The 33-year-old father of two beat the previous record by more than 5km and will be in the next edition of the Guinnes Book of Records.

Tour de Podium

Heidi Weng, Ingvild Flugstad Østberg og Krista Pärmäkoski swept the podium on the 7th stage of Ski Tour Canada. Photo: FIS

Heidi Weng, Ingvild Flugstad Østberg og Krista Pärmäkoski swept the podium on the 7th stage of Ski Tour Canada. Photo: FIS

Ski Tour Canada marked the season finale for the 2016 FIS World Cup, and a particularly strong finale for Heidi Weng’s amazing season.

The brand new Ski Tour Canada started with skate sprints in Montreal on March 1, then a 10km classic mass start on March 2 in the same place.

Stage 2 was a 10km classic mass start, and a strong effort in the brutal event in Montreal put Heidi Weng in 2nd place overall in the Tour, after a 4th place in the opening skate sprint.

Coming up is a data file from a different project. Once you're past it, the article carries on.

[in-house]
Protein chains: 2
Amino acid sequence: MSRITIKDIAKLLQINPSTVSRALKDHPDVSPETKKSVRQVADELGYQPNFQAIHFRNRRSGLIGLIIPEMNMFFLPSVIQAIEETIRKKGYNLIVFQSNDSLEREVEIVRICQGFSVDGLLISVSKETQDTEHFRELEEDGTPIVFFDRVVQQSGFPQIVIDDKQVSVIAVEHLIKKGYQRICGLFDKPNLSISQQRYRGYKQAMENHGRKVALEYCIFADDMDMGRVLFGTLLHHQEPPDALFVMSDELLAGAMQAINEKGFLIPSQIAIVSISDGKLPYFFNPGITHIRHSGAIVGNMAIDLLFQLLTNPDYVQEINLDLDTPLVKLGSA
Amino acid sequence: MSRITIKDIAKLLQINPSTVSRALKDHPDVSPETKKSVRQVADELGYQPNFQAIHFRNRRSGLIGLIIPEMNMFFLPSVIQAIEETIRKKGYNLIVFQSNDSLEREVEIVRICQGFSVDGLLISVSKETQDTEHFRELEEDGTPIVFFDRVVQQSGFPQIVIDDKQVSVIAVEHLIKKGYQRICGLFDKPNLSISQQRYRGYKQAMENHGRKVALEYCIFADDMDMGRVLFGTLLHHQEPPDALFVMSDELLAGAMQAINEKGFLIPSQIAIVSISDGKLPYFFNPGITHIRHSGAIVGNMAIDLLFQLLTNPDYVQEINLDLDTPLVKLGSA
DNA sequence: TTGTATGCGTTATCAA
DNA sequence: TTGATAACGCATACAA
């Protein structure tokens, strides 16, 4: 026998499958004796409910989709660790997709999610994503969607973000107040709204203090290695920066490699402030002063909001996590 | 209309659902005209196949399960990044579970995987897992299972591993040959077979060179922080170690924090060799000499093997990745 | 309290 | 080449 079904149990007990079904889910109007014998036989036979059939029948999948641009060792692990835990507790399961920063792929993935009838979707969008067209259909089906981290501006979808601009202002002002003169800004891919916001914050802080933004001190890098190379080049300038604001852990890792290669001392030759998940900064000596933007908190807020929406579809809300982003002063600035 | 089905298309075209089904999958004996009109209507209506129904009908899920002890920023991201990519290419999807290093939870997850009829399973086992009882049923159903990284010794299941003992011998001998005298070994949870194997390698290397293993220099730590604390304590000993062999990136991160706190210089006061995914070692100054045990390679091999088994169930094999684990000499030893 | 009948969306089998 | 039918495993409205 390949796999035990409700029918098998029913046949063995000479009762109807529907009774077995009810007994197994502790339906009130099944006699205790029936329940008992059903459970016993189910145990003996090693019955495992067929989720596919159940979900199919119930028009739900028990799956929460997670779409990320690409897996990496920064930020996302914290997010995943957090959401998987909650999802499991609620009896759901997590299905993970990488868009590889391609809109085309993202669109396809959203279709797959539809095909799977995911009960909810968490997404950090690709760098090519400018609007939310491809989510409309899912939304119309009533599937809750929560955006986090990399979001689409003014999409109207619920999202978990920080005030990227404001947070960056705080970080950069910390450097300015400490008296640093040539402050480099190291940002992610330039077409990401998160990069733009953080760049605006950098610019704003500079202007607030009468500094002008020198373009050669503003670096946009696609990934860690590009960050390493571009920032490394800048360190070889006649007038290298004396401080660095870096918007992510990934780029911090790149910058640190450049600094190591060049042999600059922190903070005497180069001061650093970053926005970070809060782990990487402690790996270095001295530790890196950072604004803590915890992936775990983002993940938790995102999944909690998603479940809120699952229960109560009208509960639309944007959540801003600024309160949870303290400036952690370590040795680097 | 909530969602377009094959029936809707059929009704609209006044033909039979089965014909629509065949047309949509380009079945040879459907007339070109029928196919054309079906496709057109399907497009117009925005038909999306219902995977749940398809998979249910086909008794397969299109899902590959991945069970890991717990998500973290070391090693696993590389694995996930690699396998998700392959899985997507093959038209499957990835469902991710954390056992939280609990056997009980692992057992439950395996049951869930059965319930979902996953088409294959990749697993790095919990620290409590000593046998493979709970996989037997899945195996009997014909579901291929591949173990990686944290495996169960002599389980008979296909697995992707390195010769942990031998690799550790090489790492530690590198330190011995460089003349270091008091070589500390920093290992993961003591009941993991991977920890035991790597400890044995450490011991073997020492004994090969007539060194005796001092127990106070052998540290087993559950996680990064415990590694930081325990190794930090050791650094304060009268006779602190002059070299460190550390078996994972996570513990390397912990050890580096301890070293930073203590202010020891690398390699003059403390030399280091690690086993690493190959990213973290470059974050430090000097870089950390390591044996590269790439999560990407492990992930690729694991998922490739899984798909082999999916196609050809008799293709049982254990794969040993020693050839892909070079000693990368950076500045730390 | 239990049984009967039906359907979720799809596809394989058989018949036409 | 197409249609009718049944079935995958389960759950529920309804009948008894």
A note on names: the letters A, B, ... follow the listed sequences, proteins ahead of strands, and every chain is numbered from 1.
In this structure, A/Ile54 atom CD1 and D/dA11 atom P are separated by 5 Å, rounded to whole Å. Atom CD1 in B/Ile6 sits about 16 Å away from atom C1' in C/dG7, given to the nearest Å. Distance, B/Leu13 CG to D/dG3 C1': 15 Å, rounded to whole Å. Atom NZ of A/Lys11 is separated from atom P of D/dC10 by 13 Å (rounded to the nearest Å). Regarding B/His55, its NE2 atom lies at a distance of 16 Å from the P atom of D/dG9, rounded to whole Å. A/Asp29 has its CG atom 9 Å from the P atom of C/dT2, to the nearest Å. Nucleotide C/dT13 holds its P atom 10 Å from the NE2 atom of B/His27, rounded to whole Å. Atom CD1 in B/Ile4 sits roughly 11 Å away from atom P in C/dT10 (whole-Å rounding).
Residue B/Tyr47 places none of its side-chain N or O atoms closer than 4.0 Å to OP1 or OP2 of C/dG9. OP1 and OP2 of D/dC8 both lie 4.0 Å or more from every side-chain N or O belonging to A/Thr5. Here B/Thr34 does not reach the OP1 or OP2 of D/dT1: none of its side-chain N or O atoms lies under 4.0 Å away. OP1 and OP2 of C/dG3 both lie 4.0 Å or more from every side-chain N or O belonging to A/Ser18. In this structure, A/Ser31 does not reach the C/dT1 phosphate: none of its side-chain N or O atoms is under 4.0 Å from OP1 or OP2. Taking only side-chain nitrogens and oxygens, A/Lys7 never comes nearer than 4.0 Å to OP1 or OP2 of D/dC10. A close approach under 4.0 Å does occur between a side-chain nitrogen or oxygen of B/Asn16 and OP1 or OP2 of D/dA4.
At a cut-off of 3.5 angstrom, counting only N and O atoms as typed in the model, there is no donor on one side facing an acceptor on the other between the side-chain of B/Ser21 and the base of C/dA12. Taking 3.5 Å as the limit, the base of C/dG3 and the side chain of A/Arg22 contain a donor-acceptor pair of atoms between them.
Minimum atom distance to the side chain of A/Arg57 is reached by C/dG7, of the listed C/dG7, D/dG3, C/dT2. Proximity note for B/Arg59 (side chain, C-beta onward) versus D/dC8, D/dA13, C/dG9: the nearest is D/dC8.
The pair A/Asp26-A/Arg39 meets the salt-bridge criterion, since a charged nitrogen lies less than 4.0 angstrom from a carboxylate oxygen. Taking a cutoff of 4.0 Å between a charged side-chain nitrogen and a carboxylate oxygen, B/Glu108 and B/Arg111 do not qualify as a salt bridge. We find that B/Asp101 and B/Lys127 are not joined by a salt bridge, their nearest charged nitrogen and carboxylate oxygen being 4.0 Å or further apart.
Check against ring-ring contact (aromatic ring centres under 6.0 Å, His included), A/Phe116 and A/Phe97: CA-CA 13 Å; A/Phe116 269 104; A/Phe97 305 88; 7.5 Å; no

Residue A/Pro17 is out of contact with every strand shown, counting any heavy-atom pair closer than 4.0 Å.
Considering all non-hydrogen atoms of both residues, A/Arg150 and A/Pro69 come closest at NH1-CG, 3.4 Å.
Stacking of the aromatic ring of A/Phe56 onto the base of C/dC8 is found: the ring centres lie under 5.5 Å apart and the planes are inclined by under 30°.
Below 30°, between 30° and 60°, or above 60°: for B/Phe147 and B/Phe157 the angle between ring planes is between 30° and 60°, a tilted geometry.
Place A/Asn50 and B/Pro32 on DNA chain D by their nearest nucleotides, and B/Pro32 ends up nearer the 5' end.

“My plan was to go fast from the start. I hoped that Astrid and I could win some seconds on Therese. But Astrid got tired so I skied alone. It was a good race but I lost a lot of seconds Therese. I have to improve in distance competitions.”

Weng followed up with a third place in the skate sprint in Quebec City on March 5, and Weng snagged the leader, which she held onto for the rest of the tour.

“Stina (Nilsson) was very good today and she deserved to win. The sprint was longer, but I liked it. It is great to be in the lead of the Ski Tour Canada, but there are many races to go.”

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Heidi Weng at the skate sprint in Quebec City. Photo: Nordic Focus

Heidi Weng at the skate sprint in Quebec City. Photo: Nordic Focus

The final race in Quebec was a pursuit on Sunday, March 6. Weng began the day just 11 seconds ahead of her teammate Therese Johaug in the overall Tour standings. Johaug quickly closed the time gap and moved into the lead, but Weng was able to match her pace and outsprinted Johaug to the finish by just 0.1 seconds. With 15, 10 and 5 seconds bonuses given to the top 3 at the finish, Weng kept the leader bib with a 5.1 second margin.